According to HS 11359, the sale of marijuana involves exchanging the substance for services or money. For example, you might give the substance to another person in exchange for the following:

  • Sex.
  • Another drug.
  • Paying a debt.
  • An apartment.
  • Money.

Since the drug was legalized in 2016, having it with the intent to sell it may be against the law if you do so outside of the licensed or authorized marijuana sale system. Black markets may be an illegal platform. The prosecutor can demonstrate the sale of the substance using both direct and indirect evidence.

When the police see you exchanging the drug for money, this can be evidence. By using circumstantial evidence, the prosecutor must demonstrate that the circumstances of your case indicate you intend to sell the drug. The prosecutor can use the following elements to provide circumstantial evidence:

  • Availability of scales and baggies.
  • Money and guns are found beside marijuana.
  • Marijuana is packaged in baggies with comparable proportions.
  • Marijuana's availability in locations like the black market.


  • Quantity of Marijuana

The law does not outline a specific quantity of marijuana that can make a person responsible for possessing the drug for sale. However, the prosecutor can still prosecute you when you hold marijuana weighing between five and ten pounds. If you are legally allowed to own the drug, you may defend the high amount you possess.

  • Packaging of the Drug

Many people who possess marijuana for sale keep it in containers. But when the substance is packed in small containers or bags, especially with similar sizes and weights, it might be suspicious that you want to sell it.

  • Presence of Cash and Weapon Alongside Marijuana

Keeping a lot of cash on hand in your house is legal. However, it might be against the law for some people to possess guns in their residences. Therefore, if the authorities search your home and discover marijuana, weapons, and money, they might assume you are trying to sell the drug. The prosecutor can use this evidence to show you intend to sell the drug.

  • Presence of Drug Paraphernalia

When the police officers discover apparatus or drug paraphernalia during your arrest, they can conclude you possessed the substance for sale. The common instruments or apparatus used in drug peddling include containers, small baggies, and weight scales.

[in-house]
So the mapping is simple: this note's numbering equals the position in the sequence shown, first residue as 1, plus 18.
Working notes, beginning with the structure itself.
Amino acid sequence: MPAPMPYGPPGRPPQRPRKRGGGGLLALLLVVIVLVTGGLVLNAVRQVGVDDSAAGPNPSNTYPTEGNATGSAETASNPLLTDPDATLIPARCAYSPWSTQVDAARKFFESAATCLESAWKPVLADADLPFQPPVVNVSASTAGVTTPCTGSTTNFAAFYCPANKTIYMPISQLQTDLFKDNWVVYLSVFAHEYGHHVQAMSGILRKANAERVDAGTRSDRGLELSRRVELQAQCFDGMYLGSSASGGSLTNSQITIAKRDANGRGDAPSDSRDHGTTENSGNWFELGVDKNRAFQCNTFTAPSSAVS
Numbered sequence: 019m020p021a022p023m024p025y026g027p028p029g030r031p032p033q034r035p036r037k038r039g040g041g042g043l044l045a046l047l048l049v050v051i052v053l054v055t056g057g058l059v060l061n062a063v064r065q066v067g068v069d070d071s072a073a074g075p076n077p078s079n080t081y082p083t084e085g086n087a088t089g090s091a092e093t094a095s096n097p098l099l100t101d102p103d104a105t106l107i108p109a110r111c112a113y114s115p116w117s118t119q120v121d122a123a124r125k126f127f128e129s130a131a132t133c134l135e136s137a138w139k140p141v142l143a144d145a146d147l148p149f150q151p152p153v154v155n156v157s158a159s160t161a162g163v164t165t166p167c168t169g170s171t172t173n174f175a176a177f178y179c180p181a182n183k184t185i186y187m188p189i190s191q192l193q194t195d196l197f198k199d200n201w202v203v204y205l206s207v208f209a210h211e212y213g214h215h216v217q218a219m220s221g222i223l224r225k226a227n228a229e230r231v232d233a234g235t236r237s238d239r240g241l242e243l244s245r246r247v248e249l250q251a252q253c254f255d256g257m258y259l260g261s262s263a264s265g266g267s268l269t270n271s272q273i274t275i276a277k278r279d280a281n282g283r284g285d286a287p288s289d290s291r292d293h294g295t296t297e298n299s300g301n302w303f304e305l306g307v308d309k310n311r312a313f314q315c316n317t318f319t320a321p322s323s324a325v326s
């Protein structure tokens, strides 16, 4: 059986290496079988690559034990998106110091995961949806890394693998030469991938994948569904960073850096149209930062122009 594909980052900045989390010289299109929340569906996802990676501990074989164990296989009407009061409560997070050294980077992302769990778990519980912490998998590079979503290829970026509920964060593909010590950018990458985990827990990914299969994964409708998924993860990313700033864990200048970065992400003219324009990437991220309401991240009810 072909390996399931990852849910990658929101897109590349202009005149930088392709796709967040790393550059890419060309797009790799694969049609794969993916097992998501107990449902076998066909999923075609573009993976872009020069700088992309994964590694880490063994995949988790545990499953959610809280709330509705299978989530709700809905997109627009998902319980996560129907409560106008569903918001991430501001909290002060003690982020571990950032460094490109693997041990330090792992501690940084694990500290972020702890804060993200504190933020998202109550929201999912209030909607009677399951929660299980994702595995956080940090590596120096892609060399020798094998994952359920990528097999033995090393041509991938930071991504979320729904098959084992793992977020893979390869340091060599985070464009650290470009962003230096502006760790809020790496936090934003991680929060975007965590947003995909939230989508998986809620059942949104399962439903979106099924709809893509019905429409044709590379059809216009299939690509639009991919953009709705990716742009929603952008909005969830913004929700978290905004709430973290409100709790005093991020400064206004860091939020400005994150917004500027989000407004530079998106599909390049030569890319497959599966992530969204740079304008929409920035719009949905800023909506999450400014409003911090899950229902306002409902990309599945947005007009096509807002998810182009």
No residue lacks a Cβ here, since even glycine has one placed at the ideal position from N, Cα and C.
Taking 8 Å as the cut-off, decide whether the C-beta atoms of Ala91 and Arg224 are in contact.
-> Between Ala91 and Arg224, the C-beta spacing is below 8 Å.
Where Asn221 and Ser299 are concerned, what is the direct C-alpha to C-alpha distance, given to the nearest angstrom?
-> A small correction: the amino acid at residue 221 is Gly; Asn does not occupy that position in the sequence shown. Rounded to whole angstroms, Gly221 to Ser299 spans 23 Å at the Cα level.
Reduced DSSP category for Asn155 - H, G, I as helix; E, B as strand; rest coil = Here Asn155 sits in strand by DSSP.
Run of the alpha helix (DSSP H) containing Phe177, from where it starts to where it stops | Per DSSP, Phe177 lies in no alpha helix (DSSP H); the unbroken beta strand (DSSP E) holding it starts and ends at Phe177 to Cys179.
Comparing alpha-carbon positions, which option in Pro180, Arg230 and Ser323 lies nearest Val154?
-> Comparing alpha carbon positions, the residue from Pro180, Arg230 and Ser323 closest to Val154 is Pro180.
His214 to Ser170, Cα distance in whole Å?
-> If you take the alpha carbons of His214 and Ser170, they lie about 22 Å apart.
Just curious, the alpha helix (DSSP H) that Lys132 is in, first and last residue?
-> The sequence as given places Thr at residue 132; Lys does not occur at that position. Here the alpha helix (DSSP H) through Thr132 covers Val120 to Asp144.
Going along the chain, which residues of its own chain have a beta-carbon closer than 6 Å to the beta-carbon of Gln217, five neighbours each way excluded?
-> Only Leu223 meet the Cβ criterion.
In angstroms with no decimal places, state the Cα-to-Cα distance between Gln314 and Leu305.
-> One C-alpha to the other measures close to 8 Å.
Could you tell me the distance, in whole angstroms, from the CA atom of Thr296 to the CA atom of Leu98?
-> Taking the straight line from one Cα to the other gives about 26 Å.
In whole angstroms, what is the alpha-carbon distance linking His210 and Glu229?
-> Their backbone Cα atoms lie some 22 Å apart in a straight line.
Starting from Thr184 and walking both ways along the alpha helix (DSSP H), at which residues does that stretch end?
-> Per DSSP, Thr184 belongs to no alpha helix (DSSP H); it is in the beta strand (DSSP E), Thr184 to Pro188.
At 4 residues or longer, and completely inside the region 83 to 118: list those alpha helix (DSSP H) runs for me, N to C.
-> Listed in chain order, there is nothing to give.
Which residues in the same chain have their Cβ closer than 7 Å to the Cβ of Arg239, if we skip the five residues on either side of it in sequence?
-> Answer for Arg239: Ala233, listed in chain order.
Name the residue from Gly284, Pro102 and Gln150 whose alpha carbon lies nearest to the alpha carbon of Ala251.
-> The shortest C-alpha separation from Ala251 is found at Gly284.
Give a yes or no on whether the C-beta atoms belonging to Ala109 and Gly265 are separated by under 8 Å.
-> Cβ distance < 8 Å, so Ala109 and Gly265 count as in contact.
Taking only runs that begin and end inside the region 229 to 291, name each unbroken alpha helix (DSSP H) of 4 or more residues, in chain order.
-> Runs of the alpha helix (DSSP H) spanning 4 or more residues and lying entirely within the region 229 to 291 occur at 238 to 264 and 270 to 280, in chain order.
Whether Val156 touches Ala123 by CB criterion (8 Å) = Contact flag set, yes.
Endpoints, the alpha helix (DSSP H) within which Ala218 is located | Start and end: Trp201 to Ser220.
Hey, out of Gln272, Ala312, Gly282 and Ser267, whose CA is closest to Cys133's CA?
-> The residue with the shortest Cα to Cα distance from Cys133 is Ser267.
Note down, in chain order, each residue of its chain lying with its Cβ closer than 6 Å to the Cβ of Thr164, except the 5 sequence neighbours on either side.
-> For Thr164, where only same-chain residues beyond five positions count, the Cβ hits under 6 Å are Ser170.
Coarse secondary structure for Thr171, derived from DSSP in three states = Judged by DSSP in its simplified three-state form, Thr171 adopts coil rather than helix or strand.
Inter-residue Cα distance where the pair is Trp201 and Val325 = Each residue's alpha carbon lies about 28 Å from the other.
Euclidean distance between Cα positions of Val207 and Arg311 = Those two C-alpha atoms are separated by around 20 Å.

Possible Punishment for Possessing Marijuana for Sale in California

Possession of marijuana with the intent to sell it is a misdemeanor crime in California. Up to six months in jail might be the crime's punishment. Since Prop 64 was passed, there have been some circumstances in which having marijuana to sell could result in felony charges. For example, you will be charged with a crime if you have been convicted of a felony. The major felonies include murder, sexual assault, vehicular manslaughter, and sex crimes.

If you have more than two prior convictions for marijuana possession with the intent to sell, you could additionally be charged with a felony. Again, you might be charged with a felony if you have marijuana intended for sale to those under 18. Penalties for the felony charge start at 16 months, 24 months, or 36 months.

Drug Diversion/Treatment

If you are found guilty of possessing marijuana and intending to sell it, you are ineligible for drug treatment. Only marijuana is eligible for drug diversion for simple possession. Additionally, those who grow more marijuana than is legal have access to services for drug diversion.

Your counsel can convince the judge to drop your charges of simple marijuana possession so you can enroll in a drug rehabilitation program. Ask your lawyer for advice if you have any questions concerning drug diversion programs in California.